September 2006

I thought I loved Sherbert. I thought it was a tasty treat that was basically the same as Sorbet. So much so, that I had guessed that they were essentially the same thing. Sorbet was the French recipe, Sherbert the English. Boy was I wrong.

First of all, they don’t have Sherbert in the U.S. They have Sherbet. There is no second R. I’m going to pause while you stare at the sentence below and reality sinks in.

There is no second R in Sherbet.

Why the hell does everyone still call it Sherbert? It’s insane! Last night, I was buying some at the store, and the friendly old man who works nights commented on it. “Oooh, Swiss Orange Sherbert with dark chocolate chips! That looks excellent!” He read the lable, and without even thinking he added the second R! We all do!

I remember when I first noticed. I was shopping at Larry’s Market (R.I.P.) and noticed that the not quite Ice Cream was called Sherbet. I assumed it was because it was some crazy organic brand that was using some non-standard spelling. So I continued looking, and noticed they ALL said Sherbet. The world spun. Nothing made sense. Had I been saying and hearing it wrong all this time, or was everyone saying it wrong. It was a world gone mad.

I decided to do some research, and once again the foundations of my world were rocked. They had Sherbet in the U.K., but not like you know it. Originally a sweet, fruit flavored powder which would be added to water in order to create a fizzy drink, the powder was now typically consumed on it’s own, often with a candy stick or lollypop. Think Pixy Stix or Fun Dip, but with the effervescing power of Pop Rocks.

More shocking still, Sherbert did exist! It was what they called U.K. Sherbet in Australia and New Zealand. How did this happen? How had the spelling and pronunciation for two entirely different types of sweets come into use on opposite sides of the planet?

I continued to learn about Sherbet, and found that some of my early ideas weren’t far off. It comes from the Persian word Sharbat, which means “drink.” It refered specifically to a fruit puree drink, often cooled with snow. Unsuprisingly, this is indeed the same root word as Sorbet. The practical difference in the US is that Sherbet includes a small amount of milk (less than Ice Cream), some egg white and/or gelatin.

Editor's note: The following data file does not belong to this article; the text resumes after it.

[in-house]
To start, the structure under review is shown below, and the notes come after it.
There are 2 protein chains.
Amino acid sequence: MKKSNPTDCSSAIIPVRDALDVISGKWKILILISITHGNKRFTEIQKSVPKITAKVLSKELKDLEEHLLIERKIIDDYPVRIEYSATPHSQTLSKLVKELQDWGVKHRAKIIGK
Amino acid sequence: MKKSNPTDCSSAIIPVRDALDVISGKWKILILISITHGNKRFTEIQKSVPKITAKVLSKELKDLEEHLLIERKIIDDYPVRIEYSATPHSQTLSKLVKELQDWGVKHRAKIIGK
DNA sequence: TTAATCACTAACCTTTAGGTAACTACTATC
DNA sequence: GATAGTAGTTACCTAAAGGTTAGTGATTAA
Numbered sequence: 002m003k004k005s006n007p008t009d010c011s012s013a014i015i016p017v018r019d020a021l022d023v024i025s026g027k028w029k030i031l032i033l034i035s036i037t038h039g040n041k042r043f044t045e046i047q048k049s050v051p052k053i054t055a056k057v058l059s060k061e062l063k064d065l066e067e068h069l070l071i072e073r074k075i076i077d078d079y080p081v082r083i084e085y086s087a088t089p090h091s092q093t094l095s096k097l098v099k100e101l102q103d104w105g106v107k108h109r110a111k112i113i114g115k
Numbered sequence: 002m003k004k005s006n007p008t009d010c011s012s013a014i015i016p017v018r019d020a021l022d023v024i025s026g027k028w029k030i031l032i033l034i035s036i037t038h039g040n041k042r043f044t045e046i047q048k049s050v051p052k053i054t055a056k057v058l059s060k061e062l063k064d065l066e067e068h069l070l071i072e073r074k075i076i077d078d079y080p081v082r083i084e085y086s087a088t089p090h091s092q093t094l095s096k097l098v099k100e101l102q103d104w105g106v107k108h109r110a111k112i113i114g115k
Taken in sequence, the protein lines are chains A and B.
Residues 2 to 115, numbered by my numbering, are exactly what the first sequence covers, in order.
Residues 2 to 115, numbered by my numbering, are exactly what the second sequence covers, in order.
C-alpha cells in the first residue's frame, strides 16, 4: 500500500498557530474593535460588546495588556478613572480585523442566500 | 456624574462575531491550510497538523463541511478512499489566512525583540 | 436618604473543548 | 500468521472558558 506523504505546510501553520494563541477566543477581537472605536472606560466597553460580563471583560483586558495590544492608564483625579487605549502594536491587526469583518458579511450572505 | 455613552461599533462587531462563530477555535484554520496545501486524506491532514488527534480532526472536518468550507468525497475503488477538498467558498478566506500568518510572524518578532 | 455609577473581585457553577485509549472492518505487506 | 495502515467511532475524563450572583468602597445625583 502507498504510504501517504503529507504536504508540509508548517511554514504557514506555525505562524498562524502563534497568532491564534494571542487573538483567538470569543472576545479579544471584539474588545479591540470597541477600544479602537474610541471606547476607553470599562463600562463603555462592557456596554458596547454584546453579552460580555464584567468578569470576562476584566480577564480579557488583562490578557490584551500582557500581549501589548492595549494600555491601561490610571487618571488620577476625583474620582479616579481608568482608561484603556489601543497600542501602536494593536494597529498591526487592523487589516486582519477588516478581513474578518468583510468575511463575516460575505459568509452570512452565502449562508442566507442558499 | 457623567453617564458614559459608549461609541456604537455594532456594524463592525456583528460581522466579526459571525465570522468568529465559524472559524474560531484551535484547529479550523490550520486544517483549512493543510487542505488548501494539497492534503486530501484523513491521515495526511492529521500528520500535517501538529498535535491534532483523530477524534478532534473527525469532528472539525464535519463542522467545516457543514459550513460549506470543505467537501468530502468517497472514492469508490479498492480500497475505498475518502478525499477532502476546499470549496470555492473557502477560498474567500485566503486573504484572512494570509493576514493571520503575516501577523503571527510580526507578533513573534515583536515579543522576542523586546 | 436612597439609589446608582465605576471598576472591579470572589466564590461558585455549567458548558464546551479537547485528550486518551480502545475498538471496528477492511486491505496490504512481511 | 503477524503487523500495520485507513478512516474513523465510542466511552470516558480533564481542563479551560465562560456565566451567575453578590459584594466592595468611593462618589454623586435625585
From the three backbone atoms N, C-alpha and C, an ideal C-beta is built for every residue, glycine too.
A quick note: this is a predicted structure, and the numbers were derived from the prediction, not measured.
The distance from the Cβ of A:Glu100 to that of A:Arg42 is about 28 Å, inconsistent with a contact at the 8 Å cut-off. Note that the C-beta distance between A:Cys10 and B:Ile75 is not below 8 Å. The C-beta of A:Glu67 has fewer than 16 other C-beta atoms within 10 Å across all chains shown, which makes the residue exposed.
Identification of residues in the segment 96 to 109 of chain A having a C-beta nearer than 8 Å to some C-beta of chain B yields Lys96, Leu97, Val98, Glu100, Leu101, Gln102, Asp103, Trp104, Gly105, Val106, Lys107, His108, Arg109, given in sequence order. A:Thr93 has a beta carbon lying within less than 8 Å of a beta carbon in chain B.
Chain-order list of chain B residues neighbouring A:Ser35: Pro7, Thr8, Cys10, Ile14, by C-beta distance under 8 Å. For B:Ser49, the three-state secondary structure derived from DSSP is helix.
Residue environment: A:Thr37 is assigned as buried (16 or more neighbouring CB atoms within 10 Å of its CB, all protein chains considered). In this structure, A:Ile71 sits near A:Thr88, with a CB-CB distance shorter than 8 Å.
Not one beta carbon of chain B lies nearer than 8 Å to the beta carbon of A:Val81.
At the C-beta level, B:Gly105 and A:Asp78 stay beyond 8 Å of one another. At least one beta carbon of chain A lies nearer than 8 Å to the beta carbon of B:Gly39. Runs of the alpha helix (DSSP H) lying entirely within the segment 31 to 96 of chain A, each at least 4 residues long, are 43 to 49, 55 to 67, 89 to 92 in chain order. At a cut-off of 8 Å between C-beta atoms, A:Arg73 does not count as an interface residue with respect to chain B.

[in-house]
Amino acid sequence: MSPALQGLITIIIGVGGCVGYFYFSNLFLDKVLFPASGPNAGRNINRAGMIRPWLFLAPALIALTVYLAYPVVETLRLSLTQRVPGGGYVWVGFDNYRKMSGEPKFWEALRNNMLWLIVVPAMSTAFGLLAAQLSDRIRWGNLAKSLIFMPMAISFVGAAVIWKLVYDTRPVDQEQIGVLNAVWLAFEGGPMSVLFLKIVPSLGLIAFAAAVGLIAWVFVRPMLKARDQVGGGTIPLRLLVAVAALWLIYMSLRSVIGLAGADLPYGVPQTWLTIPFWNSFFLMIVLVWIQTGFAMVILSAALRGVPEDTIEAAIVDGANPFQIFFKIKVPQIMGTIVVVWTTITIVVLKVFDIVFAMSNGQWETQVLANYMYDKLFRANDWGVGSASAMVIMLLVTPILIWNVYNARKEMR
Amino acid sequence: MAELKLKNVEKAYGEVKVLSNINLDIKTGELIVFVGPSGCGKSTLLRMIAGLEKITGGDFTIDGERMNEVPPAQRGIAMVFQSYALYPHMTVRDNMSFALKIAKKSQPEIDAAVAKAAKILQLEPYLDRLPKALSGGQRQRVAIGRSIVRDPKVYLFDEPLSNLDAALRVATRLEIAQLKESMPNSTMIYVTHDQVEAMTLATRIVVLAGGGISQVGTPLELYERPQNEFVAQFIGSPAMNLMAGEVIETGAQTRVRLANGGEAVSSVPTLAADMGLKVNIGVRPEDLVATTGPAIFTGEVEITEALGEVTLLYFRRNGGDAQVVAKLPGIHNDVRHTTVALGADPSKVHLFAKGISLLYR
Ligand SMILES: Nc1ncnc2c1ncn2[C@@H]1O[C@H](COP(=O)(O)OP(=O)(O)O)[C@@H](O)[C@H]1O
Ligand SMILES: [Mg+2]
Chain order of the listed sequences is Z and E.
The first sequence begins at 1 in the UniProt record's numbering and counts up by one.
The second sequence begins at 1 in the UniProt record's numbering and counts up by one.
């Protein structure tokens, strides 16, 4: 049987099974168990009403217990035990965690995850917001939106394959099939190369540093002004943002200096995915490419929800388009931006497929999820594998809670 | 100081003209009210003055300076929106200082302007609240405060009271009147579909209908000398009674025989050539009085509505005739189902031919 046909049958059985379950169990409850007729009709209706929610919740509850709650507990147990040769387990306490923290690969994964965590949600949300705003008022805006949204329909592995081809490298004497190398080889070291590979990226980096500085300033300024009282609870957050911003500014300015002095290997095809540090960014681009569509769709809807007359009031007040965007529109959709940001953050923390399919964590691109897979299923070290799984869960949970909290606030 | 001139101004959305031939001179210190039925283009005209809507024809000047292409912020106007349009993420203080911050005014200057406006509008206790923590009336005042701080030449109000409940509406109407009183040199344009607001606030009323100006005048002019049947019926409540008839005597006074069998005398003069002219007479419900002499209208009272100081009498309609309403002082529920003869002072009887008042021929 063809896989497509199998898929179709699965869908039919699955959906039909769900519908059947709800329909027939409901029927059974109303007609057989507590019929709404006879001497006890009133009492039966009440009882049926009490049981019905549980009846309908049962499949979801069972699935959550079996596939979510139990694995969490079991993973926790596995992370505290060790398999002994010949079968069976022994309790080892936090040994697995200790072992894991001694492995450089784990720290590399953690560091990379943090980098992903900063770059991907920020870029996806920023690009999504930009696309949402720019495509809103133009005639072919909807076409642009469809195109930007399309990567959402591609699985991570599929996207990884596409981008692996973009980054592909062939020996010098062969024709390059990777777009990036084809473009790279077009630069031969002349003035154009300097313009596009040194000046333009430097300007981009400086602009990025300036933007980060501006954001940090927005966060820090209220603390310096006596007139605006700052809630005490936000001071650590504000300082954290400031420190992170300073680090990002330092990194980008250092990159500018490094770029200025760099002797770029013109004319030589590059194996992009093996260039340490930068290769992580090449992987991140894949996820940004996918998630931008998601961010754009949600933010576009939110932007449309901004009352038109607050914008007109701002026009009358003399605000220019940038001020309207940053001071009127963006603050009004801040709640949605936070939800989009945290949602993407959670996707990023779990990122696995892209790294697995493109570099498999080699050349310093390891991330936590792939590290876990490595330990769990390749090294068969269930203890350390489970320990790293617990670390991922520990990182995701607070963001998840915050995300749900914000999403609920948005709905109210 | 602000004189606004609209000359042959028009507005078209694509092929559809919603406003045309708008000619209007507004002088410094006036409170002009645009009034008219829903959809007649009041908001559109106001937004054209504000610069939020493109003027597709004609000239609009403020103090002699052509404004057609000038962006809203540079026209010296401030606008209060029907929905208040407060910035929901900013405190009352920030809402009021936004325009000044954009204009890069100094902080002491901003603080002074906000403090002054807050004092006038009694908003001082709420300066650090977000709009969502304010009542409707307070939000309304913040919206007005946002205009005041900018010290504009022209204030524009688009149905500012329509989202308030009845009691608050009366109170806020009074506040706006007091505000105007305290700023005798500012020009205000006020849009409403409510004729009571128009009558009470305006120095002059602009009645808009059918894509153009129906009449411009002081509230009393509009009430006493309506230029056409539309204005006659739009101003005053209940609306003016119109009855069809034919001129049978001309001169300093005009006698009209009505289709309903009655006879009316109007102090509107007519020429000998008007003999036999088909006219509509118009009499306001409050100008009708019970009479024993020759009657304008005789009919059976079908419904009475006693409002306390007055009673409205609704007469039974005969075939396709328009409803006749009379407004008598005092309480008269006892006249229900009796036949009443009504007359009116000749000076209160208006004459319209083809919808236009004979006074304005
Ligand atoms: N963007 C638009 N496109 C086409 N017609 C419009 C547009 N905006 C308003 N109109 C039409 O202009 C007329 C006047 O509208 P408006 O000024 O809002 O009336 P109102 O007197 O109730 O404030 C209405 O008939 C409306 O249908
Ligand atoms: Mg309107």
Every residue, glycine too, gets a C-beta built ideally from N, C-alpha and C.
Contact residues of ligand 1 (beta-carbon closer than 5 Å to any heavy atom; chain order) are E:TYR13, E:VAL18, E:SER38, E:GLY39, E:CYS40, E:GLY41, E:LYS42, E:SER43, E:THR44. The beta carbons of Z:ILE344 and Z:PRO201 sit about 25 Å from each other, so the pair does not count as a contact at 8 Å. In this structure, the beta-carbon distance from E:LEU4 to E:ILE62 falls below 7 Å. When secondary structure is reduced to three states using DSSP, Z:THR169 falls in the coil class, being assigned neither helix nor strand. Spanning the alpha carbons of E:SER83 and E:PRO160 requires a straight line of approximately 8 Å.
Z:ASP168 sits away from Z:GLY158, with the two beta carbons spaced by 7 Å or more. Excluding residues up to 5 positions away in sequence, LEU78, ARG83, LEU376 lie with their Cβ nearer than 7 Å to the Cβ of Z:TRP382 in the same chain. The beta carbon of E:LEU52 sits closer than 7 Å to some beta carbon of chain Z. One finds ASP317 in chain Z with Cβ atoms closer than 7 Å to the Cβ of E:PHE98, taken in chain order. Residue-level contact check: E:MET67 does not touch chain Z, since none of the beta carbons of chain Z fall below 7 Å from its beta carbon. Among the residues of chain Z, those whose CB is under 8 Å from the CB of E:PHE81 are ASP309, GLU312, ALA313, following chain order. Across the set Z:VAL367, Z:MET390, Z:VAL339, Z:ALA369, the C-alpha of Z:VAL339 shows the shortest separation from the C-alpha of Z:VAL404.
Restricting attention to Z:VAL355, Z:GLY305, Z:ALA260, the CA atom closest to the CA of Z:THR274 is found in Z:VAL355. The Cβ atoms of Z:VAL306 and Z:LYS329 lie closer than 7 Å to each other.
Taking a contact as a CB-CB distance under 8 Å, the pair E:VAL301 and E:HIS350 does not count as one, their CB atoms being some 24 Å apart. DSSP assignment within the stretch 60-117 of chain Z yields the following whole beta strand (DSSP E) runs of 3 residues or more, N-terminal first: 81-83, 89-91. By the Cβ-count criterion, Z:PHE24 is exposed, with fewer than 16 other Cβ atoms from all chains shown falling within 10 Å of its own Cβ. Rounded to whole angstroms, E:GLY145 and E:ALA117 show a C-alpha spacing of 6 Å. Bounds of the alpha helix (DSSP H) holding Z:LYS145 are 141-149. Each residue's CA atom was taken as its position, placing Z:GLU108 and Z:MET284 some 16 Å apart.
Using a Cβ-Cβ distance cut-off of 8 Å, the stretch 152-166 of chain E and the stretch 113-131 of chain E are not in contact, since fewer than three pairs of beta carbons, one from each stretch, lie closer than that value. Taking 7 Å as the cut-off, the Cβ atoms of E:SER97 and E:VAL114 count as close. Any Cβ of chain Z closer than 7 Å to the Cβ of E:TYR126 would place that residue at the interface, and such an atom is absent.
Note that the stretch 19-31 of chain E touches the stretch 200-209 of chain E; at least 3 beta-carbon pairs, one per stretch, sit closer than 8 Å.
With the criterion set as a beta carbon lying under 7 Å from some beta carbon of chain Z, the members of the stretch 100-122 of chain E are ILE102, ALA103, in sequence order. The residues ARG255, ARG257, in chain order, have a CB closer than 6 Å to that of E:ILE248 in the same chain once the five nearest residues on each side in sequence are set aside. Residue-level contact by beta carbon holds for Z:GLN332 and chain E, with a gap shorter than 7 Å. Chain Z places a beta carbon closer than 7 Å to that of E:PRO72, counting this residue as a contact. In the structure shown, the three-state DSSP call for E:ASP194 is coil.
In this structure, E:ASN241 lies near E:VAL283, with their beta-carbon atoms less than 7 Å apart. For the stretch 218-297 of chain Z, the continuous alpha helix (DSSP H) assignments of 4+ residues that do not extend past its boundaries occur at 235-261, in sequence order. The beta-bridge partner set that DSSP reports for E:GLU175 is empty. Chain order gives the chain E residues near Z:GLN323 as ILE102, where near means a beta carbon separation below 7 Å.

Finally, there’s an interesting coincidence. The only slang terms I was able to find in actual use (Wikipedia often includes some fairly Apocryphal slang) are Sherbet as a term for Cocaine in the U.K., and Sherbert as a term for Beer in Australia. It strikes me as interesting that the fizzing powder version should function as slang for intoxicants, while the delicious not-quite-ice-cream remains entirely wholesome.

I’m actually working on something a little longer that will be about videogames to a degree, but is really more about aesthetics. Anyway, I currently have the following question:

How does one pluralize Wii? Is it Wiis? Wiii? Is it like buffalo, where you just leave it the same? Like, “Nintendo will have 1,000,000,000 Wii for the North American launch.”

I checked the official Nintendo style guide, and it doesn’t know either.

Man, I love videogames. Here is a post about them.

Ninja 5-0
HOLY CRAP. Ok, it’s a GBA game, and the name is retarded, but if you ever loved a Super Nintendo, you need this game. It’s kind of a cross between Bionic Commando and Ninja Gaiden. It’s about a ninja who is also a cop, and who saves hostages by murdering everyone else. Also something about evil ninja masks? I don’t know, and it doesn’t matter because the story is totally unimportant. What’s imporant is swinging in with a grappling hook, dropping from the sky on some dude, and killing him with your sword before you touch the ground.

I decided to stay up and be there live for the Japanese press conference for the Wii. It was AWESOME. Someday, years from now, videogame news will be professional enough that we will know the details ahead of time. Like, when the event starts, for example. No one seemed to know. Then there was the “live” feed of the conference that turned out to be from another press event in June. After that we suddenly started getting reports that the show was starting. Several sites were posting roughly the same information, when we all realized it was everyone copying the posts of some guy who was watching the same video we had already realized was old. Everyone quickly covered their tracks. Hours later, when everything had died down while people waited for the real conference, a link to a New York Times story posted by the Seattle PI showed up. It had all the major launch details. And not the Japanese launch, but the American launch that wasn’t supposed to be announced until the next day. It was incredibly anti-climactic, totally disorganized, and online reporting is going to quickly make nights like that a thing of the past. Which is a good thing overall, but I’m glad I got to experience it.

Proof that a strong, cohesive design process is more important than all the technical bells and whistles in the world. This game is nicer to look at than any game so far for Xbox 360 or PS3.

I have Opinions. I think they are Very Important. That’s why I have this website. You can click any of these words starting now and be taken away to a Wonderland of Polaroids saying things that I think!